This quaint little bridge is so small that the railings are as high as the top chord! With a 1919 construction date one might be surprised to see such a small warren pony truss with riveted connections being listed with a high level of historic significance. However this is one of the first bridges to use rolled H section beams for a top chord and end post. As such the bridge is quite historic since it anticipates, well ahead of time, the transition away from built-up beams and rolled American Standard Beam style i-beams.
Information and Findings From Pennsylvania's Historic Bridge Inventory
Discussion of Bridge
The 52' long and 13' wide Warren pony truss bridge dated 1919 is supported on one concrete abutment with wingwalls and one ashlar abutment. The top chords and inclined end posts are rolled H section. All other members are traditionally composed. A two rail high steel channel railing has been attached to the bridge and finished with squared ends that extend beyond the end posts. The bridge is historically and technologically significant as one of the earliest if not the earliest documented application of the rolled H section for compression members, and it is a technologically significant. There are apparently no original plans for the bridge.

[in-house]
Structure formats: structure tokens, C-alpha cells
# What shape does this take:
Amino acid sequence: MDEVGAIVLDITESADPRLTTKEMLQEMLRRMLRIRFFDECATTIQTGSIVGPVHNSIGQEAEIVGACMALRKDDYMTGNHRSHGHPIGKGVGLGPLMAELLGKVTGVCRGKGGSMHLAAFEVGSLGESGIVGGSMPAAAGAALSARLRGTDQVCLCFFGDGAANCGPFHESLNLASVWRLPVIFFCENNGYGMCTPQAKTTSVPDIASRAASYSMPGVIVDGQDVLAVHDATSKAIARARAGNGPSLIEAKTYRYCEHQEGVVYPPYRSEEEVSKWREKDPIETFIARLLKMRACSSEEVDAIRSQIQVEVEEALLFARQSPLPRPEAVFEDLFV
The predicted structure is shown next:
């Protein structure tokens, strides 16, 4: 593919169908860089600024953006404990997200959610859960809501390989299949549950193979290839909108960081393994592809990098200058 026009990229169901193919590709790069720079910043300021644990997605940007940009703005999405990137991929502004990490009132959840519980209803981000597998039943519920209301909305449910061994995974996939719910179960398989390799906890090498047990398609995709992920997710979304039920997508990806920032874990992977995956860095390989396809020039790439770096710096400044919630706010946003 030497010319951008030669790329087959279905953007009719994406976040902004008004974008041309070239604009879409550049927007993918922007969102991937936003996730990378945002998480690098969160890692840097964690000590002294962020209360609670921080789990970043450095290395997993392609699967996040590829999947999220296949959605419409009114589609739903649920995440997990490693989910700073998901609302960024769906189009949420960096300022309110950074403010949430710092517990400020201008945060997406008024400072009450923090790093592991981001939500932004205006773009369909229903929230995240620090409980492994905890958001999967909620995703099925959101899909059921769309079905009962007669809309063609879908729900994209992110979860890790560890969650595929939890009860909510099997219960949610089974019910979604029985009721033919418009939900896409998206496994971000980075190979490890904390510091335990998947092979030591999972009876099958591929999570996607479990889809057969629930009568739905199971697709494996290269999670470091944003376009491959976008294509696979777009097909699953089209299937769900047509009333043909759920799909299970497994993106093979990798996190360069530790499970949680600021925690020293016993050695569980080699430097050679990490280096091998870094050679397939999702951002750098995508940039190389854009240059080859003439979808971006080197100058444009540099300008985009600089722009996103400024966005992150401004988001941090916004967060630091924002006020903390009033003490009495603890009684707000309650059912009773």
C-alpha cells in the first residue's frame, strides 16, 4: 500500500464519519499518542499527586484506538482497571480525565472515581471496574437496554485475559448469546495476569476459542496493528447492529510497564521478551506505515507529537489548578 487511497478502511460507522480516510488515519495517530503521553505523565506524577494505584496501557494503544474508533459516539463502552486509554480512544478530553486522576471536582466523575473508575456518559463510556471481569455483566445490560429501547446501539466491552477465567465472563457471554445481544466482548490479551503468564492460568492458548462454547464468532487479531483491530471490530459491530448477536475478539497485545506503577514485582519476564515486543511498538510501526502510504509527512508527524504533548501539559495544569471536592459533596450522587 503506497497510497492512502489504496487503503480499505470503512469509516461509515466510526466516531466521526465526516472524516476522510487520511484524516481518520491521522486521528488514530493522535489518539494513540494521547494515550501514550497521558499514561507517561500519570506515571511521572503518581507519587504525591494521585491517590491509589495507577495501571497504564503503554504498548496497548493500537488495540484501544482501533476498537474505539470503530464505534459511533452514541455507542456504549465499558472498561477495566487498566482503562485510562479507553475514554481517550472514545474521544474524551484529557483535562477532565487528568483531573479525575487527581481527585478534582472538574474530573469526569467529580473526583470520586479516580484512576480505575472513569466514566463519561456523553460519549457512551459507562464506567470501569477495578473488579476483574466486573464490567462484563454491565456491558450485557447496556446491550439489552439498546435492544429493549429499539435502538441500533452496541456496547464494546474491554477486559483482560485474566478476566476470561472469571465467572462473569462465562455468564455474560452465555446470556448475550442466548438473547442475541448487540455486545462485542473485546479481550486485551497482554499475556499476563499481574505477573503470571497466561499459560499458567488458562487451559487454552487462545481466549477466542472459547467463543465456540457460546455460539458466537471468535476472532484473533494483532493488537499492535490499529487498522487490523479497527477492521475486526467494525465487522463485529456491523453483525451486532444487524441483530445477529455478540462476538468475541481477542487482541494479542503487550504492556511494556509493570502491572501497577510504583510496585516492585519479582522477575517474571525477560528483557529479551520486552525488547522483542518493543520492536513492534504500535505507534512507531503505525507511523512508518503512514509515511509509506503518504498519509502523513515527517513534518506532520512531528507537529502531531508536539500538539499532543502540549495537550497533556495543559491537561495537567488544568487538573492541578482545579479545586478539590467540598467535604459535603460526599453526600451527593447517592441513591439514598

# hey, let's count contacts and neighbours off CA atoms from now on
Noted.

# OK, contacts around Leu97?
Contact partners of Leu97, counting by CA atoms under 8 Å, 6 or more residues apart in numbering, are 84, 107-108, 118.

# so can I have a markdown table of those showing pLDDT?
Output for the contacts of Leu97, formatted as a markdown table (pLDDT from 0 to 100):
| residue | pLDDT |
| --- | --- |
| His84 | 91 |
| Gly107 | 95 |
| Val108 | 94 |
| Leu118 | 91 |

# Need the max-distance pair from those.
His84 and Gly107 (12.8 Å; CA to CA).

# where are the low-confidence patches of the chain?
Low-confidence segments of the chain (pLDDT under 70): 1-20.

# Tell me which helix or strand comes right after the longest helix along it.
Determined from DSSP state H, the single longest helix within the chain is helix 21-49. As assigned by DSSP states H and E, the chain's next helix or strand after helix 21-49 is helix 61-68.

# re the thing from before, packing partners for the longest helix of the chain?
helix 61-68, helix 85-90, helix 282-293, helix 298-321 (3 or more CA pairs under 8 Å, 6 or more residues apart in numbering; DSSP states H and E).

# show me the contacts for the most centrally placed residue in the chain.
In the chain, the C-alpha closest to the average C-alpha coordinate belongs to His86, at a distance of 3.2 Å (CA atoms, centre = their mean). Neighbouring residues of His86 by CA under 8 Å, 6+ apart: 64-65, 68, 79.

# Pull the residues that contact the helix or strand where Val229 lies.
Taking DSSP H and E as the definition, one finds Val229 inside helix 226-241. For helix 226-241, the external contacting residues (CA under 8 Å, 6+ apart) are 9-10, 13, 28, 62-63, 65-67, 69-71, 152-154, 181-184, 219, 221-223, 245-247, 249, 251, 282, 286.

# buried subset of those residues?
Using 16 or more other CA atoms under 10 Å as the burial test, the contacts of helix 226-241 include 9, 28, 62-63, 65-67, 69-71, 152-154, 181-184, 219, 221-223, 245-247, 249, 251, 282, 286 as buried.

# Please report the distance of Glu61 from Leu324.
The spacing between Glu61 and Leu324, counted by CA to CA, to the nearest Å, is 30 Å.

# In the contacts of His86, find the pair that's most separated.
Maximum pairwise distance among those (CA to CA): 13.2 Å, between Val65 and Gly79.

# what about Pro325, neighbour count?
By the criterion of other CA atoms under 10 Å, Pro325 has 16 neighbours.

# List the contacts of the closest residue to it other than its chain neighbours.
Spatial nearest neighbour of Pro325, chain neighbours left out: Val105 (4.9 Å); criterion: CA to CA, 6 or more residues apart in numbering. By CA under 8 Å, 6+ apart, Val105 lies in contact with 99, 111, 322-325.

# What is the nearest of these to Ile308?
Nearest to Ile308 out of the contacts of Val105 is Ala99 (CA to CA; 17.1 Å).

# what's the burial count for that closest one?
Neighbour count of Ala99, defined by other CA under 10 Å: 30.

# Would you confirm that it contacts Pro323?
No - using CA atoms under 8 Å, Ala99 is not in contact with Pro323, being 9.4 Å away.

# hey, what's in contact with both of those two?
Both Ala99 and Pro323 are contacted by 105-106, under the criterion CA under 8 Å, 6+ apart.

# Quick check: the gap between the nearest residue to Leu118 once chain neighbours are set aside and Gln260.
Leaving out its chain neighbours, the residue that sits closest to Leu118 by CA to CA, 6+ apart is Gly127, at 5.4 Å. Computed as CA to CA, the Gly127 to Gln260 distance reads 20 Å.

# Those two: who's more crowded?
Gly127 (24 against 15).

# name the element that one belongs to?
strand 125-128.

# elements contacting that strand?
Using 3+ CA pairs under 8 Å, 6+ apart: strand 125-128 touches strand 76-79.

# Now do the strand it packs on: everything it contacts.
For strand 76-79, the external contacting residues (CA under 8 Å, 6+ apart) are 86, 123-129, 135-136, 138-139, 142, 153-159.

Discussion of Surrounding Area
The bridge carries one lane of a township road over a stream. Southwest of the bridge is a large gravel pile from a stone crushing plant. North are scrub woods and fields. The area does not appear to have historic district potential.
Bridge Considered Historic By Survey: Yes
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This historic bridge has been demolished. This map is shown for reference purposes only.
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